With yet more rain and stormy weather forecast, Freya Kirkpatrick , 4, takes a last chance to play in the sunshine with her dog, Monty, in a giant field of ox eye daisies on the edge of Blithfield Reservoir near Rugeley, Staffordshire

Enjoying the final few glimmers of sun: With yet more rain and stormy weather forecast,
Freya Kirkpatrick , 4, takes a last chance to play in the sunshine with
her dog, Monty, in a giant field of ox eye daisies on the edge of
Blithfield Reservoir near Rugeley, Staffordshire

Flying high... while they can: Paragliders take advantage of break in the miserable weather over Beachy Head and Eastbourne in East Sussex on Thursday

Flying high… while they can: Paragliders take
advantage of break in the miserable weather over Beachy Head and
Eastbourne in East Sussex yesterday

Making the most of it: The paragliders may have to back up they chutes soon, though, as more downpours swept their way across the UK yesterday

Making the most of it: The paragliders may have to back up they chutes soon, though, as more downpours swept their way across the UK yesterday

Calm before the storm: The sky above the Queens tennis club on day three of the AEGON Championships in London hint at what is to come

Calm before the storm: The sky above the Queens tennis club on day three of the AEGON Championships in London hint at what is to come

Who says the weather's bad? Two girls from Oregon in the U.S. enjoy ice creams on one of the bridges that straddle the village of Bourton-on-the-Water, Gloucestershire

Who says the weather’s bad? Two girls from Oregon in the U.S. enjoy ice creams on one of the bridges that straddle the village of Bourton-on-the-Water, Gloucestershire

Sunshine after the rain: A young lady takes advantage of the weather in a deckchair in St James's Park, London, on Thursday before the downpours swept in

Sunshine after the rain: A young lady takes
advantage of the weather in a deckchair in St James’s Park, London, yesterday before the downpours sweep in

Gusts on the horizon: The flags in Parliament Square, London, were blowing more vigorously on Thursday, indicating that the expected high winds of up to 60mph could soon be upon us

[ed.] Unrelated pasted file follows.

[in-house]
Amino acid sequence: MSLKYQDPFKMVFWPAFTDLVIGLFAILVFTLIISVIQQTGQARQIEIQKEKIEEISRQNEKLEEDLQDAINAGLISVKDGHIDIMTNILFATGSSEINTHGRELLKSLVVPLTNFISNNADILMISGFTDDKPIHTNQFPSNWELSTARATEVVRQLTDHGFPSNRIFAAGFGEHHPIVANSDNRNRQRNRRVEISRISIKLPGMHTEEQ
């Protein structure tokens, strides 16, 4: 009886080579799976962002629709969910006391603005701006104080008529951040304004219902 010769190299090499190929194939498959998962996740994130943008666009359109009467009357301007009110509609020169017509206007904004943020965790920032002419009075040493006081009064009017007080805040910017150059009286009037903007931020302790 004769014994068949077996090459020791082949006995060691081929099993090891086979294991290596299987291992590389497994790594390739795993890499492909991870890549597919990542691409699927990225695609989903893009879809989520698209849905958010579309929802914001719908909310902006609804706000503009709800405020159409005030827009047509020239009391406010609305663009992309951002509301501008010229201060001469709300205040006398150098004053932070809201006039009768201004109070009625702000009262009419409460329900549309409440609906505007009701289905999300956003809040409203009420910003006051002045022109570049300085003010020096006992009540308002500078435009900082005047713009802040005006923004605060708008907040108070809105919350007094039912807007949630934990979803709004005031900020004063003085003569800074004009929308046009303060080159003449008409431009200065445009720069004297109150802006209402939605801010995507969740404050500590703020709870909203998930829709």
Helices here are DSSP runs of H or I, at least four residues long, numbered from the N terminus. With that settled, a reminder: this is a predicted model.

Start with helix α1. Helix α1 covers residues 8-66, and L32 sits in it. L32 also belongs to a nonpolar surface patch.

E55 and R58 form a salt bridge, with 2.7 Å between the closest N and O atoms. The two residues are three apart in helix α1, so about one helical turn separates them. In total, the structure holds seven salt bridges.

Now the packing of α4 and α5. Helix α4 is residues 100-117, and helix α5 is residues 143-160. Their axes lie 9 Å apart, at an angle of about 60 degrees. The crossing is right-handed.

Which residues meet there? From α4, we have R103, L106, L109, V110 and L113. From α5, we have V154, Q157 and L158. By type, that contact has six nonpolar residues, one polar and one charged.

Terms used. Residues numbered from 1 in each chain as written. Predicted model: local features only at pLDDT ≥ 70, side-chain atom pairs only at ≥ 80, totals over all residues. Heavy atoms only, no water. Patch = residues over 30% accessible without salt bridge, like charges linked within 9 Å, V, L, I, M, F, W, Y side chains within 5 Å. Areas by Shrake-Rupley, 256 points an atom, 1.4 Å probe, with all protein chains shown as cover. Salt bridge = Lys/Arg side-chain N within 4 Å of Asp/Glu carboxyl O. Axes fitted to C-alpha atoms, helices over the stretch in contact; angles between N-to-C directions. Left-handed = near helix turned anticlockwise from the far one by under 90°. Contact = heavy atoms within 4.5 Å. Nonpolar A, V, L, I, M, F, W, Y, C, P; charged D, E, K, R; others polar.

Gusts on the horizon: The flags in Parliament
Square, London, were blowing more vigorously yesterday, indicating that
the expected high winds of up to 60mph could soon be upon us

The Met Office said it was too early
to say whether this month was on course to be the wettest June on
record, beating the 2007 figure of 136.2mm. The average June rainfall is
72.6mm.

Despite the torrential conditions, the
Met Office said the UK was still below its average rainfall for the
year. Between January and May, 392.5mm of rain fell across the country,
compared with an average of 439mm.

Nevertheless, temperatures have been
miserable for many. Forest Row, East Sussex, only reached 10.7C on
Tuesday, almost 10C below normal for June.

Sunshine is down 60 per cent so far
this month, with England and Wales averaging just 30 hours’ sunshine.
June normally sees 178 hours’ sunshine.

Although there have been heavy showers
in parts of the South West, Wales and the North West, parts of the
country which were on flood alert after days of heavy rain were given
breathing space this week with clear skies in the South East and London.

The break in the weather came as three
of the UK’s biggest water companies announced they would lift hosepipe
bans, imposed to deal with drought, following weeks of heavy rain.

Thames Water, Anglian Water and Southern Water were to remove the restrictions in place since early April from Thursday.

Seven water companies across southern
and eastern England brought in hosepipe bans after two unusually dry
winters left some groundwater supplies and rivers as low as in the
drought year of 1976.

The Environment Agency had urged
people in Devon, Cornwall, west Somerset, North Wales and parts of the
Midlands to remain prepared for the possibility of floods as the Met
Office issued a weather warning for heavy rain.

Underwater: The ford near Charvil, Berkshire, which flooded to a depth of 6ft after heavy rain hit parts of the UK. Temperatures are up to 10C below normal and sunshine is down 60 per cent

Underwater:
The ford near Charvil, Berkshire, which flooded to a depth of 6ft after
heavy rain hit parts of the UK. Temperatures are up to 10C below normal
and sunshine is down 60 per cent

 

Article source: http://www.dailymail.co.uk/news/article-2160243/UK-weather-forecast-Is-end-monsoon-June-sight-Weather-starts-brighten-theres-showers-come.html